Colorado Egg Producers

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Tis The Season For...Eggnog and Holiday Baking Courtesy of the Colorado Egg Producers Association

Tuesday, December 20, 2011

The holiday season is in full swing, which means lots of food, family and friends. And no holiday celebration is truly complete without everyone’s favorite holiday drink – eggnog! As one of the most versatile foods, eggs can be used to create delicious drinks, meals and holiday baking treats.

The Colorado Egg Producers (CEP) Association wants you to be at your best in the kitchen this holiday season. By using eggs locally produced in Colorado and following our fool-proof secrets to baking with eggs and at high altitudes, you will be sure to wow loved ones, neighbors, colleagues and even Old Saint Nick with delicious recipes you will be proud to serve.

“Incorporating locally produced eggs into your holiday baking makes for healthy and delicious treats,” said Derek Yancey, a Colorado egg farmer. “As Colorado egg farmers we are committed to the best possible care of our chickens, ensuring you get a safe and wholesome product you will be proud to serve to your loved ones.”

CEP is a membership organization representing seven farms throughout Colorado. CEP is committed to doing what’s right for its community, as illustrated by the regular donation of thousands of eggs to food banks throughout the state. Egg farmers throughout Colorado pride themselves on providing eggs to Coloradans. We are also proud to offer consumers the choice between cage, cage-free eggs, organic, nutrient enhanced, brown and white eggs. You can find locally produced, fresh, wholesome and safe eggs in the dairy case of your favorite Colorado supermarkets. To see video of how chickens are raised in both cage and cage-free environments or to find a list of where to buy Colorado eggs visit coloradoeggproducers.com. Find CEP on Facebook at facebook.com/COEggProducers.

This winter, CEP is rewarding kids who egg-cell. Colorado elementary school students can enter to win an omelet breakfast for their school cooked and served by Colorado Commissioner of Agriculture, John Salazar; representatives of Food Bank of the Rockies and Colorado egg farmers. For every student who enters, CEP will donate one egg to Food Bank of the Rockies to help feed those in need in time for Easter celebrations. Find out more at coloradoeggproducers.com.

You can also feel good about the nutrition eggs will lend to your delicious delicacies. A nutrient dense food, eggs contain every major vitamin and mineral except vitamin C. The protein from eggs is the highest quality of any food, and is found in both the white and the yolk of an egg. So whether you are making eggnog, custards or meringues you are sure to benefit from the nutritional value of eggs.

Here in Colorado, it is important to take the high altitude into consideration when you are cooking. The following high altitude tips are provided courtesy of joyofbaking.com, baking911.com and ochef.com.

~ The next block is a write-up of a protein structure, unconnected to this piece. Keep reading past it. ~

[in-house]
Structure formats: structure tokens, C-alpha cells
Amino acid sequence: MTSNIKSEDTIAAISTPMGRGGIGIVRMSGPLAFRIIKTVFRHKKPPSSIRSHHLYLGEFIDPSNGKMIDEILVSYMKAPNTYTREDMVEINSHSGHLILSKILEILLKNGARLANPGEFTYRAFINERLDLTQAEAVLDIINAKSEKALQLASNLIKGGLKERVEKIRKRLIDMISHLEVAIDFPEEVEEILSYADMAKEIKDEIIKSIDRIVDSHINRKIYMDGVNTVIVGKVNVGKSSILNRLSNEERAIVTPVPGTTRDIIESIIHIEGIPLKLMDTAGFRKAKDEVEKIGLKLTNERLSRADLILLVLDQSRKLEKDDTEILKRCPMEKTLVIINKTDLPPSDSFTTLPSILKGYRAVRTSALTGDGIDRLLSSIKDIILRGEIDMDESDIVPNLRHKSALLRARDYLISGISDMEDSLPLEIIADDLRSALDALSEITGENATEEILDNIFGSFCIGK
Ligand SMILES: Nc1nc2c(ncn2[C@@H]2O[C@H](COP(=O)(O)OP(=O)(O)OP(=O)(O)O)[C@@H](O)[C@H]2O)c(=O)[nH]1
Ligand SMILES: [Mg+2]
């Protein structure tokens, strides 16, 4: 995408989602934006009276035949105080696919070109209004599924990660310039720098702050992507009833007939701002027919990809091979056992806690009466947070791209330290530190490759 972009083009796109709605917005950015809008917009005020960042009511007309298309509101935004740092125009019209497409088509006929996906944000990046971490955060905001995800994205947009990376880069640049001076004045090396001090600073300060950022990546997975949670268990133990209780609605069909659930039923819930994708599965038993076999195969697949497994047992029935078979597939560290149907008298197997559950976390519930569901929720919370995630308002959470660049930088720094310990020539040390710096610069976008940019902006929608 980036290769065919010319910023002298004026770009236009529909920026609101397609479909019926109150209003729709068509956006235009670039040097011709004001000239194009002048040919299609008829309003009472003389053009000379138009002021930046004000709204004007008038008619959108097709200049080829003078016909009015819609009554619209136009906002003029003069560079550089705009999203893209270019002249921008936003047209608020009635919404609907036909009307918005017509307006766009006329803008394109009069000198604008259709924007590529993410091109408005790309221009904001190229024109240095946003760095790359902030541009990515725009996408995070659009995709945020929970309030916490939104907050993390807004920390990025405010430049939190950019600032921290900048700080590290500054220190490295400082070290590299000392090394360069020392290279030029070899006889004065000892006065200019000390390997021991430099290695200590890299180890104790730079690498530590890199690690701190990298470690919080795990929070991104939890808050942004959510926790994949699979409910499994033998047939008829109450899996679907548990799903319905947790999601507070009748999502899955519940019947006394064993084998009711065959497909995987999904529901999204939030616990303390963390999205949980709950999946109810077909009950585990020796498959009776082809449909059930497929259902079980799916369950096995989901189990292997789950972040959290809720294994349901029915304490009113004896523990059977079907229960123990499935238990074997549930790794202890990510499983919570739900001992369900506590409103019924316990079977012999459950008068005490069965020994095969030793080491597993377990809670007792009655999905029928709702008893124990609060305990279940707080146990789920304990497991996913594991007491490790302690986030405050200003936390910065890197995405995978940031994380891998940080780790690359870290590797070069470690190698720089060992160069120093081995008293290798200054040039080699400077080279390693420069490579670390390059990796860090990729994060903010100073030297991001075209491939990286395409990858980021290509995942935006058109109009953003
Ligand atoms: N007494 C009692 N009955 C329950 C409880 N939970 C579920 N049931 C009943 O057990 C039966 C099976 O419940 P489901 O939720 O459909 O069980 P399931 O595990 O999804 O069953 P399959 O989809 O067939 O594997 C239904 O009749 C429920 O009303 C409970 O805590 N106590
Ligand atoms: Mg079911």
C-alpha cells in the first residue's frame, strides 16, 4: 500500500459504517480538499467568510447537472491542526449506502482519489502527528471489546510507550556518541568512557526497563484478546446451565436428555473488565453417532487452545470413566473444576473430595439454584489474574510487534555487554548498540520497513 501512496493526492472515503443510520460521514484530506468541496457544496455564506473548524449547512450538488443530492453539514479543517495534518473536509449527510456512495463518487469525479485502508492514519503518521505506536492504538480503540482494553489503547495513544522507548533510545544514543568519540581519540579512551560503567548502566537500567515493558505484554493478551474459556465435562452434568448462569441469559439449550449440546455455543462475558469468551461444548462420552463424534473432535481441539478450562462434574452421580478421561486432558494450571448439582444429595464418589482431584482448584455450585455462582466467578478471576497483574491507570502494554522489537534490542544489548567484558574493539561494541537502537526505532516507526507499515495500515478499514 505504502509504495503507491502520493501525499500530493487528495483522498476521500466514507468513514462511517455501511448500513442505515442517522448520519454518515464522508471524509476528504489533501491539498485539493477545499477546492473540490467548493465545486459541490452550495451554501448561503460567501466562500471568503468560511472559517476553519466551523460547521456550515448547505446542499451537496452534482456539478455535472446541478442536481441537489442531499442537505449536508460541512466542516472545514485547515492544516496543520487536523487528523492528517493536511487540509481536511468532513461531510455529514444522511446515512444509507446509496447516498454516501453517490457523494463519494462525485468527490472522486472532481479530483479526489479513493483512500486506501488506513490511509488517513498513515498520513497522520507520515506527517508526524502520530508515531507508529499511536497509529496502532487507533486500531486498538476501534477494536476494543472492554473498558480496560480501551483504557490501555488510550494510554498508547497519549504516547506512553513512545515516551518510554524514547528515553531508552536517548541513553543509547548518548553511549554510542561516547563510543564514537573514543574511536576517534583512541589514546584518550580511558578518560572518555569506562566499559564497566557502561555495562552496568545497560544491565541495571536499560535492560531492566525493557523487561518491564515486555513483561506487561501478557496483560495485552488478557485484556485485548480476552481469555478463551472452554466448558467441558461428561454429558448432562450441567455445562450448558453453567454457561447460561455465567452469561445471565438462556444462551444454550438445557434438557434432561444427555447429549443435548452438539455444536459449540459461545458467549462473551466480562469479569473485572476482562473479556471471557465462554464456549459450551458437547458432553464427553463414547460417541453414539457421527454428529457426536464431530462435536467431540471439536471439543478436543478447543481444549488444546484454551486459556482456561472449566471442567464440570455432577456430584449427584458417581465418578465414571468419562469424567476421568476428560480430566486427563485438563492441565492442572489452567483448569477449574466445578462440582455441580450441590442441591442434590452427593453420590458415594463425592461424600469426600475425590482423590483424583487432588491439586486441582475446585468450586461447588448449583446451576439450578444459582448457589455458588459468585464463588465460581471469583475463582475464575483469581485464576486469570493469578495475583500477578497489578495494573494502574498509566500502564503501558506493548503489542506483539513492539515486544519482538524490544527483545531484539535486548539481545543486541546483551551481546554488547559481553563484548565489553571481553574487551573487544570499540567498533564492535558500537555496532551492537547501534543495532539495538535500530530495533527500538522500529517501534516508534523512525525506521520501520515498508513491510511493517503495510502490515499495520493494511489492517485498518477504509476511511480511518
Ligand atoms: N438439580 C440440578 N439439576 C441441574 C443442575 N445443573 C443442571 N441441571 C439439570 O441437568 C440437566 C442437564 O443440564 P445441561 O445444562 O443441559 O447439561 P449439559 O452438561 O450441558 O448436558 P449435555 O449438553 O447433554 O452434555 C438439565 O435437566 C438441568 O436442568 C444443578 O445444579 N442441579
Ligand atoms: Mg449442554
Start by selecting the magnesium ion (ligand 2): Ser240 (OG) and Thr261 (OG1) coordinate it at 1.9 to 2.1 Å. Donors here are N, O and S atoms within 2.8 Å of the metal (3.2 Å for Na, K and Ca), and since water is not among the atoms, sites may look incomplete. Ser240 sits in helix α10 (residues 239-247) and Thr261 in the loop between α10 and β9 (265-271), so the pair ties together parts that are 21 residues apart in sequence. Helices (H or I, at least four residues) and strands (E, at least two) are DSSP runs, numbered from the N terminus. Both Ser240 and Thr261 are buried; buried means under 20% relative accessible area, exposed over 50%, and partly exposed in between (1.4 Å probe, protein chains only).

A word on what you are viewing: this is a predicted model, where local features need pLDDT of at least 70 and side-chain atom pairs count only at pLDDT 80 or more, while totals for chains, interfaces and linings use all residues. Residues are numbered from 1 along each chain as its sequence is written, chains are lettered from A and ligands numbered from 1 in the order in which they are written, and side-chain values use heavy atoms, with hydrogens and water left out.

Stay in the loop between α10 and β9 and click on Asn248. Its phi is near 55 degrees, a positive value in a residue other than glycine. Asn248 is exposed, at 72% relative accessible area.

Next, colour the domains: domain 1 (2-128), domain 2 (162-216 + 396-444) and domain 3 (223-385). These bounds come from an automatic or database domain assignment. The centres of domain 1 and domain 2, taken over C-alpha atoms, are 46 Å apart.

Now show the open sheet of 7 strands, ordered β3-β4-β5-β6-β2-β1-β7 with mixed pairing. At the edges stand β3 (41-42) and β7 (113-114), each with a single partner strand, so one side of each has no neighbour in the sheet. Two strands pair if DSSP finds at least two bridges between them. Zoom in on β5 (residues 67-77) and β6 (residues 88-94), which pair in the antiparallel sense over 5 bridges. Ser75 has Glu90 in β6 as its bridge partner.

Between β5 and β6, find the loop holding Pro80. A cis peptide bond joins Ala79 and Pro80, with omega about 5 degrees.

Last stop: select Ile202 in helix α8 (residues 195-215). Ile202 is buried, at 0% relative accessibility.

High Altitude tips: The main factor affecting baked items in higher altitudes is the lower pressure. This leads to lower boiling points, faster evaporation of liquids and more rapid rising of batters when baked. Basic adjustments and a little experimentation can compensate for higher altitudes.
• Reduce the amount of baking powder the recipe calls for. For each teaspoon decrease 1/8 – 1/4 teaspoon.
• Reduce the amount of sugar the recipe calls for. For each cup decrease 2-3 tablespoons.
• Increase the amount of liquid the recipe calls for. For each cup add 3-4 tablespoons. Eggs and butter are considered liquids.
• Fill baking pans half-full, not the usual two-thirds, as high altitude cakes may overflow.
• Increase the baking temperature 15-20 degrees, unless using a glass pan, and reduce the baking time by up to 20 percent.

Are you in the mood to be creative this year? Try making your own eggnog. Below is a classic eggnog recipes for you to try out.

Christmas Eggnog
12 egg yolks
5 cloves, whole
4 cups milk
4 cups cream
3 cups light rum
1 ¾ cups sugar
2 ½ teaspoons vanilla essence
1 teaspoon cinnamon, ground
¾ teaspoon ground nutmeg

In a saucepan over low heat, blend the milk, cinnamon, cloves and half a teaspoon of the vanilla essence. Keep stirring while mixture heats, and remove from heat just before boiling point. In a bowl, mix together the sugar with all those egg yolks. Make sure you whisk them well so that they're light and fluffy. Gently and a little at a time, pour in the milk mixture while continuing to whisk. Transfer mixture back into your saucepan over a medium heat while continuing to stir. Keep stirring until your eggnog mixture starts to resemble custard. Never let the mixture to reach boiling point! Pour and strain the mixture into a jug, making sure to remove the cloves. Stand jug in the fridge for an hour or two. Gently stir in the cream, light rum, remaining vanilla and ground nutmeg. Put back into the fridge overnight. Serve in cups with a little extra ground nutmeg, cinnamon or baking cocoa sprinkled lightly on top. Makes 8 servings.
 

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